Slip your measuring string around the trunk of a tree you might like to cut. If your string is marked at 3-inch intervals, it's easy to determine if it's large enough for your fencing project. As a tree's circumference is roughly three times its diameter, as an example, a tree measuring 18 inches around has a diameter of nearly 6 inches.
Measure the height of the tree trunk, using the measuring tape. Keep in mind that a fence post should have roughly 1/3 of its length buried, if you want to your fence posts to stand 6 feet above the ground line, you'll need a tree of suitable girth, with a trunk at least 9 feet high.
Turn on your chainsaw. Remove any of the lower branches from the tree. This will give you unobstructed access to the base of the trunk.
Cut the tree trunk off flush with the ground line. On a smaller softwood tree such as a cedar, it will not be necessary to make a wedge cut on one side. Make a horizontal cut across the trunk and drop the tree.
Measure the trunk to the length you require, and cut away the top of the tree. Use your chainsaw to remove any other branches on the portion that will become your fence post. Repeat the process until you have harvested enough trees to complete your fencing project.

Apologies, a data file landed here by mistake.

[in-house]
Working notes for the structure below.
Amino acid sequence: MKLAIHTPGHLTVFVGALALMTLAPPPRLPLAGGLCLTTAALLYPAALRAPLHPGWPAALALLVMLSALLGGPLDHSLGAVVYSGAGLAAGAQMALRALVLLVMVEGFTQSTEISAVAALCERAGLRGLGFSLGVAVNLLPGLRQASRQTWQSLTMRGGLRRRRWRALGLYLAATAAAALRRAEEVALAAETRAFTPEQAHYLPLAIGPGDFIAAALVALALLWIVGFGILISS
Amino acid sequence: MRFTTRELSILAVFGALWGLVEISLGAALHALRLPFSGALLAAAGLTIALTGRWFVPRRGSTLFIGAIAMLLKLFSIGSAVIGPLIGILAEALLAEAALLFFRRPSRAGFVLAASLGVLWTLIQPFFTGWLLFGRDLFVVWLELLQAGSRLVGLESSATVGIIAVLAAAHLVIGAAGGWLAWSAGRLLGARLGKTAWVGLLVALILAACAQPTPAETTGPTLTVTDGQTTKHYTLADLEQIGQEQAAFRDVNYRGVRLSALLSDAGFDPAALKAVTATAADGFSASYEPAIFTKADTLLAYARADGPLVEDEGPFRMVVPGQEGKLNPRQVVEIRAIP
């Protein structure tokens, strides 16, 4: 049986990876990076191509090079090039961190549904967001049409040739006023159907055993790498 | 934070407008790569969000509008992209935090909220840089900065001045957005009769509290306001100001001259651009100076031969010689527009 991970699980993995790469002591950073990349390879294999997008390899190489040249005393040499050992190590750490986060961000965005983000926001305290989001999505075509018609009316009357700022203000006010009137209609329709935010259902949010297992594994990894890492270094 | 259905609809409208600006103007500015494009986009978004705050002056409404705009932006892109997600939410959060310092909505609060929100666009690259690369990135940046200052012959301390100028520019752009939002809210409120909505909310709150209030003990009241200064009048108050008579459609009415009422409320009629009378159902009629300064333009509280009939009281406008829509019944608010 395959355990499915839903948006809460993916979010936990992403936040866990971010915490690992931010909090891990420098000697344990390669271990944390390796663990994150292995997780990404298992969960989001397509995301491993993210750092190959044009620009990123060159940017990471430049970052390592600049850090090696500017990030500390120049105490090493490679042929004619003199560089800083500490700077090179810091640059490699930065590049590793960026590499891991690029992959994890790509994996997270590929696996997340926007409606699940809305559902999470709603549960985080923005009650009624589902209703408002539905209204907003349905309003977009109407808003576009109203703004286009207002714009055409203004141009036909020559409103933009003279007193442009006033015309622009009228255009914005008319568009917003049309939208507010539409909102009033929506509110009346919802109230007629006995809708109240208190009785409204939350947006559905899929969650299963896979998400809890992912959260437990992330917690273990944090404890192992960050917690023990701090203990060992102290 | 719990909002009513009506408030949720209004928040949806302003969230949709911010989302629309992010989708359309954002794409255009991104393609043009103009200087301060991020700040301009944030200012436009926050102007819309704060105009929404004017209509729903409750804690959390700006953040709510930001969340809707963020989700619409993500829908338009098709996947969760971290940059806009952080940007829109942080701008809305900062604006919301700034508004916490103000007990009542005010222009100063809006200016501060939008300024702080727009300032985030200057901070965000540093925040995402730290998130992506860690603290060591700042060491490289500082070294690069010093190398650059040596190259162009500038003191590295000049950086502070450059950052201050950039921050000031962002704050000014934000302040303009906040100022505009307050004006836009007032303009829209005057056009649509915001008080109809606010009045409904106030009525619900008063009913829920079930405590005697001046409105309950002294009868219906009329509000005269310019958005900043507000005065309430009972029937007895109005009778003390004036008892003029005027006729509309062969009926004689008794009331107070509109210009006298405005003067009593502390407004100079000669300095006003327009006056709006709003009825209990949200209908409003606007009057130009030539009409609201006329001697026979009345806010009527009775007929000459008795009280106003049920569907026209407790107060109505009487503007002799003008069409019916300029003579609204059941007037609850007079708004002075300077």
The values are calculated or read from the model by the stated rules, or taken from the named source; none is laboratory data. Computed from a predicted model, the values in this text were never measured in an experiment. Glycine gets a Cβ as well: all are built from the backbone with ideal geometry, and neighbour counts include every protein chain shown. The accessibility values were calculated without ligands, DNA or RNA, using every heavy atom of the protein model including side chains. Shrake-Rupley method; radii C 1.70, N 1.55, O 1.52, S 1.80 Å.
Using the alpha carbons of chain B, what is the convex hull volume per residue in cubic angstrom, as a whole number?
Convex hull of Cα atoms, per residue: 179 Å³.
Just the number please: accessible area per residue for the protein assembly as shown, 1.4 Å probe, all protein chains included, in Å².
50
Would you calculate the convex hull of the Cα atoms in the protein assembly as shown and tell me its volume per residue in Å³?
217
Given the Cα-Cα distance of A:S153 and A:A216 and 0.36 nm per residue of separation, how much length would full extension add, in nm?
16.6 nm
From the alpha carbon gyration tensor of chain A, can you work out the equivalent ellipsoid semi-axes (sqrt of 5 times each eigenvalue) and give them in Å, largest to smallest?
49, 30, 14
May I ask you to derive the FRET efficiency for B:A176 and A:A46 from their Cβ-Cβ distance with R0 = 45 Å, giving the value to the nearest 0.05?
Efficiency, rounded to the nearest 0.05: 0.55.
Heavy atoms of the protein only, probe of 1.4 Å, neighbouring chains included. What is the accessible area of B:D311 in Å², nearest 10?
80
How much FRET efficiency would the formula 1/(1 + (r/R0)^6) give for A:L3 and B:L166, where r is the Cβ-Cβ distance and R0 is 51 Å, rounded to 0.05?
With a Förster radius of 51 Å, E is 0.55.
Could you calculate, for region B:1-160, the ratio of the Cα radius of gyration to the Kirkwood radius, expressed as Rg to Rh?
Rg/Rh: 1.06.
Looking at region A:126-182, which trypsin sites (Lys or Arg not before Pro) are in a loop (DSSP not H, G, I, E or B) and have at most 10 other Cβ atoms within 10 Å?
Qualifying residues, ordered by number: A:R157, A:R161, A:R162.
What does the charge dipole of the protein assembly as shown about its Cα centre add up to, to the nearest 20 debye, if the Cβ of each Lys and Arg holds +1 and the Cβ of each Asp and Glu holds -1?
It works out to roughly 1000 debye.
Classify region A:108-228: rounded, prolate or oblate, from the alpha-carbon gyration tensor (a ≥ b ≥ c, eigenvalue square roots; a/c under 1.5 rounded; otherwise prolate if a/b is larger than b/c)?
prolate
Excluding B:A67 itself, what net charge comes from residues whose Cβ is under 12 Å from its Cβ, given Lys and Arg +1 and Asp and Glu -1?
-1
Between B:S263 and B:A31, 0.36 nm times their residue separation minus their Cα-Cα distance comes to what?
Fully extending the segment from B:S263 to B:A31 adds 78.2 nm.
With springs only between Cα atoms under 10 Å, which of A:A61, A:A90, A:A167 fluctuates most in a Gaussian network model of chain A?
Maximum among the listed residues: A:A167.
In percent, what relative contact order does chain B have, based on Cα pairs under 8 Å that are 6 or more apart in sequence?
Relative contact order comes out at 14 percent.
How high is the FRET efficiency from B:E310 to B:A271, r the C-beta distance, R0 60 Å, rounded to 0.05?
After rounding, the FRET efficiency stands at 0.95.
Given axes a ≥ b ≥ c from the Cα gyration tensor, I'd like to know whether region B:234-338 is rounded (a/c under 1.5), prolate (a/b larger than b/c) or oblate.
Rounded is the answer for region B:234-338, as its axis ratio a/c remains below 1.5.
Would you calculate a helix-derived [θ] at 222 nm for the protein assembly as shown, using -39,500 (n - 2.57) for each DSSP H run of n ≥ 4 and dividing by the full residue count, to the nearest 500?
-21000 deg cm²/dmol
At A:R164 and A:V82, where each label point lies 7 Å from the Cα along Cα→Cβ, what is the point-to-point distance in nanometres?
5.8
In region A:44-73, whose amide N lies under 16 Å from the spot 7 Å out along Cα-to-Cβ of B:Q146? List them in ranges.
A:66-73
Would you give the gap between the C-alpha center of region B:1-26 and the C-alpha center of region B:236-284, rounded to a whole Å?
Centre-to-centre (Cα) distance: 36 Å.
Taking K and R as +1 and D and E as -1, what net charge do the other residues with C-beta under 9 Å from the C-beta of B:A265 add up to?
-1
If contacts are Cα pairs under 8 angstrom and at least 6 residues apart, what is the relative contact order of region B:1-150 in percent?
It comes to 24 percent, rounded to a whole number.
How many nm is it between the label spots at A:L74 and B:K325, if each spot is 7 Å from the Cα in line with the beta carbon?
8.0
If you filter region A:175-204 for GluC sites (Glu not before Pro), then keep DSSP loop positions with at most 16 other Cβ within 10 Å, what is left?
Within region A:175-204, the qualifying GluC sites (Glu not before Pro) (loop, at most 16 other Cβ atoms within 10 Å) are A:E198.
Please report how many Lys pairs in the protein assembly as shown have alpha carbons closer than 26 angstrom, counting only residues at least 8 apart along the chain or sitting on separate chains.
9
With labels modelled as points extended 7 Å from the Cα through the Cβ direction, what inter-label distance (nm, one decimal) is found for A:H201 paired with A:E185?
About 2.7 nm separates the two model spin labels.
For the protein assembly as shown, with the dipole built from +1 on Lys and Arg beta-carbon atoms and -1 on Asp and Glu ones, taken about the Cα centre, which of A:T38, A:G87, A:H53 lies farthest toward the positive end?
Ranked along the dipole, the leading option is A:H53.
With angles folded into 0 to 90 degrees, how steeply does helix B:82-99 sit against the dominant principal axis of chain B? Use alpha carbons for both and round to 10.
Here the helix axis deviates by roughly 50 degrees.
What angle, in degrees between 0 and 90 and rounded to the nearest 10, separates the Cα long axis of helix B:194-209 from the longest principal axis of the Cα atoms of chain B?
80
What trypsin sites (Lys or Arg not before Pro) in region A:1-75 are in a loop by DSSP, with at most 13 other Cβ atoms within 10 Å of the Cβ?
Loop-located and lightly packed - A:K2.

Things You Will Need
- Measuring tape
- Measuring string marked at 3-inch intervals
- The best candidates for fence posts are trees with a single, perfectly straight trunk.
- If you cut a large cedar, it may be necessary to make a wedge cut on the trunk before cutting in from the backside.
- Both white-tailed deer and mule deer are quite fond of browsing on cedar leaves. In all likelihood, they will make short work of the limbs and tops you leave behind.
- As long as you're in the woods already, cut a few extra posts, just in case.